Paradisi In Sole Paradisus Terrestris, or A Garden of all sorts of pleasant, flowers which our English ayre will permit to the noursed vp... London: Printed by Hvmfrey Lownes and Robert Yovng at the signe of the Starre on Bread-street hill, 1629.

Parkinson was the apothecary to James I and botanist to Charles I. Paradisi is the earliest important treatise on horticulture published in England and marked the transition between the herbal which focused solely on the medicinal use of plants and the modern gardening book which viewed plants as ornament and objects of beauty. The original woodcuts for the book were made by A. Switzer, a German artist working in England.


Giovanni Battista Ferrari, 1584-1655.
Flora: ouero, Cvltvra di fiori del Roma. Facciotti: 1638.

Giovanni Battista Ferrari, a Jesuit priest, intended this work to be both a serious work of botany and an object of beauty. Flora is a manual on ornamental flowers and their cultivation. The illustrations, done in copperplate engraving, are a mix of new designs by well known artists of the period and others copied from florilegia being published at that time in Northern Europe. One of the artists was Anna Maria Variana (active in Rome circa 1630), possibly the first woman professional botanical illustrator.

Variae ac multiformes florum

Nicolas Robert, 1614-1684.
Variae ac multiformes florum species appressae ad viuum et aeneis tabulis incisae = diverses fleurs dessinees et gravees d'apres le naturel. London: Scolar Press, 1975. Facsimile of the Paris ed., ca. 1660, from a copy in the Lindley Library of the Royal Horticultural Society.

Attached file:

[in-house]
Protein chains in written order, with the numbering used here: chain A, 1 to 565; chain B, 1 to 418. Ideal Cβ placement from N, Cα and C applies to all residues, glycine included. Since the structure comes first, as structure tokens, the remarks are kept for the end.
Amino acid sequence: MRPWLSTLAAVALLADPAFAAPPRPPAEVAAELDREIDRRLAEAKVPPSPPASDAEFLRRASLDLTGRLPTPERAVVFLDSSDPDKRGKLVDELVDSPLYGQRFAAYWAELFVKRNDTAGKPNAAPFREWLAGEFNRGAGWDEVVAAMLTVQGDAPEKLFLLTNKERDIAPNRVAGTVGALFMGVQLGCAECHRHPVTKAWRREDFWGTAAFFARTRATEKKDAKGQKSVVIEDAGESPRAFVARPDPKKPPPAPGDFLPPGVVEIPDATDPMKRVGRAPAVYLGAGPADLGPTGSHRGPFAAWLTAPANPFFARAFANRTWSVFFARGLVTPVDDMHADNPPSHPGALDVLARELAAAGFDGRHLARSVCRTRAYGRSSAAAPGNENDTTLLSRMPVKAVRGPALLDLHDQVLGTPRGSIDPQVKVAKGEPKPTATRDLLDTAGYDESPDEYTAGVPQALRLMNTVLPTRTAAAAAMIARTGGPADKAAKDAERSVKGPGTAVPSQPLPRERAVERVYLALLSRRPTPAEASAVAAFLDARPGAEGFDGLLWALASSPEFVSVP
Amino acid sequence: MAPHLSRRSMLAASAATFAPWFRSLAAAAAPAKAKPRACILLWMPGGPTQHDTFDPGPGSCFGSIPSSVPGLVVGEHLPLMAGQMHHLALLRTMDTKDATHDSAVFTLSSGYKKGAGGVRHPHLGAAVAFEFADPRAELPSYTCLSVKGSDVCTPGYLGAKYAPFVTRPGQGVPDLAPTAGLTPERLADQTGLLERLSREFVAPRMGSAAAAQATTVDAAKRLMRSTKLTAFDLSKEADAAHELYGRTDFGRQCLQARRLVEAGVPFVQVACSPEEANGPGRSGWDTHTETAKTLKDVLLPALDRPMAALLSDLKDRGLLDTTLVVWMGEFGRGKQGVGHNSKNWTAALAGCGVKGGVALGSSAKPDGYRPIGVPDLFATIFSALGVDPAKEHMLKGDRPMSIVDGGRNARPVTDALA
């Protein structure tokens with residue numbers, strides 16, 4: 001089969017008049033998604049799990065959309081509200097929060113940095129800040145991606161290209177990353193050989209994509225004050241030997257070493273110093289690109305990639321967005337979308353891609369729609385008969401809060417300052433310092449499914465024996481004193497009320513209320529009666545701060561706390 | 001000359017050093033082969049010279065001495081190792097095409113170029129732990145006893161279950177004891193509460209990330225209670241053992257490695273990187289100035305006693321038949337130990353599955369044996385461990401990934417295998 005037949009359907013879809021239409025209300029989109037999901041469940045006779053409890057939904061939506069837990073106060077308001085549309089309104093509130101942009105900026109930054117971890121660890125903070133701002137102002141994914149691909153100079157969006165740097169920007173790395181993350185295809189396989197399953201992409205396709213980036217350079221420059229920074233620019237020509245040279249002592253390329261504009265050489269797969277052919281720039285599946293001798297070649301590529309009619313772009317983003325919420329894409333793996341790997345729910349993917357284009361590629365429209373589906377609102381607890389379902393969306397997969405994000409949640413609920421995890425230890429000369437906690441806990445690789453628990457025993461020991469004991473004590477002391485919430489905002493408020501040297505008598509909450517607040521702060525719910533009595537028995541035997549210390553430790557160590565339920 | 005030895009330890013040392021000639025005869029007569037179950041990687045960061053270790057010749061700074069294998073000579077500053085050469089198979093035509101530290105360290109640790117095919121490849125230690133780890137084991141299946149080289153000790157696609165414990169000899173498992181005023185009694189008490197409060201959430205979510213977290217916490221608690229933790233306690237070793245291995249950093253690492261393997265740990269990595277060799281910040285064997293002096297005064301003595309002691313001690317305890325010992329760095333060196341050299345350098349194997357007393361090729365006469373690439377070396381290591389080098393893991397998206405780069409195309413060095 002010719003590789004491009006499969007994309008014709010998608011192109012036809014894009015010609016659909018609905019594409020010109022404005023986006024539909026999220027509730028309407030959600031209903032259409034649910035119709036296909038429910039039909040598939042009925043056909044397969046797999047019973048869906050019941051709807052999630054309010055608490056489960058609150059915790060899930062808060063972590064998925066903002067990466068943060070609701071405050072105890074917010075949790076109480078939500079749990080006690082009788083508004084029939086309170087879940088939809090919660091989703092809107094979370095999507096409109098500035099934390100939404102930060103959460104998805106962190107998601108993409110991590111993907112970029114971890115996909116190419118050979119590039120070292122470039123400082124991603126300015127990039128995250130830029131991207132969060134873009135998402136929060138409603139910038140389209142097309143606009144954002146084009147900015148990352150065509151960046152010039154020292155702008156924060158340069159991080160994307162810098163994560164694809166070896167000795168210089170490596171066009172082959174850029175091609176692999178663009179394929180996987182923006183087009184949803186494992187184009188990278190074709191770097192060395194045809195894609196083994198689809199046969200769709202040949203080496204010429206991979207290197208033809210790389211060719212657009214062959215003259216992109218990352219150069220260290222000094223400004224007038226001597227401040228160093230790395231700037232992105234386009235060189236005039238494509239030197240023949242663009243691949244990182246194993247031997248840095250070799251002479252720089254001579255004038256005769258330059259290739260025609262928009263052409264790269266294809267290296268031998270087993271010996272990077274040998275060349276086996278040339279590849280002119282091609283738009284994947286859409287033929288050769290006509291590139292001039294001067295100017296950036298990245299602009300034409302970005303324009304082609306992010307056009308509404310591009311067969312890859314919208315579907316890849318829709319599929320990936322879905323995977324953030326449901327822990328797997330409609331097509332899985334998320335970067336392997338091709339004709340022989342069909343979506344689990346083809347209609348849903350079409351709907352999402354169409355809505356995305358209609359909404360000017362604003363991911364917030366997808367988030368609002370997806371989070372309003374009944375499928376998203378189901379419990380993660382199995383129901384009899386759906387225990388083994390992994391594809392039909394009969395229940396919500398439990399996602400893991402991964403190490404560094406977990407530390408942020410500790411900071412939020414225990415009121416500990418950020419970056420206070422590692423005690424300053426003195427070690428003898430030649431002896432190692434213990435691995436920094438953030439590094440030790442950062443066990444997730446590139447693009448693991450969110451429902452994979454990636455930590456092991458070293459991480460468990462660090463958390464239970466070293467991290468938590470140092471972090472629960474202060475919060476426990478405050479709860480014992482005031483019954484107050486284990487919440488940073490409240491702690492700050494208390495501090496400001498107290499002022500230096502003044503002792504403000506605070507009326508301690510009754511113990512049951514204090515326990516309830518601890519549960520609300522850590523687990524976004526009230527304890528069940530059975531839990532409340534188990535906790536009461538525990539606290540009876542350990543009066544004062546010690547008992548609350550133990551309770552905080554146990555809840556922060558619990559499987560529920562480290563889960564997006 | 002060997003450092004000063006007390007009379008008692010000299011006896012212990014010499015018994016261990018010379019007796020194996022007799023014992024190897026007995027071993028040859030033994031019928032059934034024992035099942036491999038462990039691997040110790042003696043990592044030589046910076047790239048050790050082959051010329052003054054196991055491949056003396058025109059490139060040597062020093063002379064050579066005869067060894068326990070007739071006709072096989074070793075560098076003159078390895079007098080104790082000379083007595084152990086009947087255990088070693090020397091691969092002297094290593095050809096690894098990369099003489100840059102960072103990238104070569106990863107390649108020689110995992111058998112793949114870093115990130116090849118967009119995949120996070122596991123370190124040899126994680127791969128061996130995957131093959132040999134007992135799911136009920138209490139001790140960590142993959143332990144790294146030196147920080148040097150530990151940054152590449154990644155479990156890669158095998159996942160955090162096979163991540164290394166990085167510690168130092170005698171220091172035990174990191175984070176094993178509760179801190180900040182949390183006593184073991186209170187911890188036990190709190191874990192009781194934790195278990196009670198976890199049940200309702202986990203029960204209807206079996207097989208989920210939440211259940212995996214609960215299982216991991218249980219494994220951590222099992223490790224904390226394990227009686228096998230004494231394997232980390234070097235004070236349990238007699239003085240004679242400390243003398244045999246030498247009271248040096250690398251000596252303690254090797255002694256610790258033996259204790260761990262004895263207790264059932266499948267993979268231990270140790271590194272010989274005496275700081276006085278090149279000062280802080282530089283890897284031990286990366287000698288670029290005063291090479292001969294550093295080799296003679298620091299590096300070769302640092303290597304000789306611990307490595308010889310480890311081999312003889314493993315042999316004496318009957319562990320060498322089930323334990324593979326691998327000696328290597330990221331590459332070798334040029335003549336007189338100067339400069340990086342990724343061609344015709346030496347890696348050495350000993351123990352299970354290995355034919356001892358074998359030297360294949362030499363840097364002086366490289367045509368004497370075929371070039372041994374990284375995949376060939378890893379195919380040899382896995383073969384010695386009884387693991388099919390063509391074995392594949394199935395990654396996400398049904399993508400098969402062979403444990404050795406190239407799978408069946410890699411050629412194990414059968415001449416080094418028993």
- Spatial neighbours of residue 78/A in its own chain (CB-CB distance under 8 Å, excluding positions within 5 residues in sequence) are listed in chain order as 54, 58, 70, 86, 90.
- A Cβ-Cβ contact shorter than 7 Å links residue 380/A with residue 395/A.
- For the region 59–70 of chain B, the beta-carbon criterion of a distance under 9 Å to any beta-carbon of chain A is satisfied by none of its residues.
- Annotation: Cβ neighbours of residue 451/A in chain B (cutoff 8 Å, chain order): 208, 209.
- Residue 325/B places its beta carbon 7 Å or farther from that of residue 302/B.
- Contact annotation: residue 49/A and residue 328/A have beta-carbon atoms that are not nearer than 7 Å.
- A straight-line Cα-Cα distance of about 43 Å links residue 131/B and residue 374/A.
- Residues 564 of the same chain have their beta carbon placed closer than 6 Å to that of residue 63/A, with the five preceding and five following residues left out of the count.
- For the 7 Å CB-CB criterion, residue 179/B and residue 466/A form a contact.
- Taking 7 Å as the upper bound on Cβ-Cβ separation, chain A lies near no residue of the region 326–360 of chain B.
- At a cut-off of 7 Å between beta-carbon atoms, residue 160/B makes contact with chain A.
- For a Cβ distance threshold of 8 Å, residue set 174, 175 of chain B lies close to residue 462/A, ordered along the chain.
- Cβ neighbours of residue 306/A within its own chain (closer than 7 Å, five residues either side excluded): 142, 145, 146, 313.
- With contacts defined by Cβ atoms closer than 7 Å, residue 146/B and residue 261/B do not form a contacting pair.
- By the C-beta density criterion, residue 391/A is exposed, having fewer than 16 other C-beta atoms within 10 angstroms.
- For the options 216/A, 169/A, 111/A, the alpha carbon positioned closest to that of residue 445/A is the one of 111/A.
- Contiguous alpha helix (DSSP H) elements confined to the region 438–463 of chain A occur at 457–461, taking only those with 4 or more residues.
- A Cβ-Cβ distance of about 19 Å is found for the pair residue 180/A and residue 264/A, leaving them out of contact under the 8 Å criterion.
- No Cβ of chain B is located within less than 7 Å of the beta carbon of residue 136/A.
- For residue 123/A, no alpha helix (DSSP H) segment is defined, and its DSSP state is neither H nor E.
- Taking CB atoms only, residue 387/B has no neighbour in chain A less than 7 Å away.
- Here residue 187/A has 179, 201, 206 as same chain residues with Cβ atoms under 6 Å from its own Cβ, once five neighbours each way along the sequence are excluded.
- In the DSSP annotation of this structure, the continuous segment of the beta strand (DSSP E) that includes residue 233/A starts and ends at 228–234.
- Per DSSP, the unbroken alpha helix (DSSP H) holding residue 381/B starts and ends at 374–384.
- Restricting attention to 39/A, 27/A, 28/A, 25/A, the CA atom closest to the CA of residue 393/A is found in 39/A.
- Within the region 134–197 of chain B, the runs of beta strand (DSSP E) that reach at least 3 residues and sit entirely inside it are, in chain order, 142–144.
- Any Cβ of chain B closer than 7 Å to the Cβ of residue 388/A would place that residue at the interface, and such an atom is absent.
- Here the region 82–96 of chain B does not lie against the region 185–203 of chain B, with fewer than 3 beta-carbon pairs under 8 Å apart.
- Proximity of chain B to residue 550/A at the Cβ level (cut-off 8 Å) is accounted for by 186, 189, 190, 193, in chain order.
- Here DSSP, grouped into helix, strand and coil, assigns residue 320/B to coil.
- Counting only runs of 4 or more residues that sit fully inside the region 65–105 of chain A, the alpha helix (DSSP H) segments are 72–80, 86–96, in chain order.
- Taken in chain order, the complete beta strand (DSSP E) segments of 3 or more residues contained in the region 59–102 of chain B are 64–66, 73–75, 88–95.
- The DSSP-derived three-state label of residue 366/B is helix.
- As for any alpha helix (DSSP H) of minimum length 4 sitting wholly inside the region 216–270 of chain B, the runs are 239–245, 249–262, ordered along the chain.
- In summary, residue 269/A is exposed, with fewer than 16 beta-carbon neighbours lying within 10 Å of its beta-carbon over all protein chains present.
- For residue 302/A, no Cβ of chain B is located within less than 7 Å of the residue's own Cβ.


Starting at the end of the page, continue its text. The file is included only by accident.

Robert started out as a painter of ornamental flower pictures but his work became more botanically oriented after he was hired by the Duke of Orleans to draw the rare and exotic plants and animals brought to the Duke's gardens. Scholars believe that the Scottish botanist Robert Morison, director of the gardens, encouraged Robert to take a more scientific approach to his subject.

Caspari Commelin

Caspar Commelin, 1667?-1731.
Caspari Commelin ... Praeludia botanica ad publicas plantarum exoticarum demonstrationes ... Lugduni Batavorum: Apud Fredericum Haringh, 1703.

Commelin was a Dutch physician and botanist and held the chair of botany at the university at Amsterdam. He was instrumental in making the Amsterdam botanical garden one of the finest of its time. Because Holland was a trading center for its colonies around the world, new plant specimens were constantly being brought back to the gardens. The plate "Geranium aftricanum" was the first depiction and description of the geranium and fixes the date of its introduction into European gardens. The plate was engraved by Pieter Sluyter.


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Last modified: 12/21/10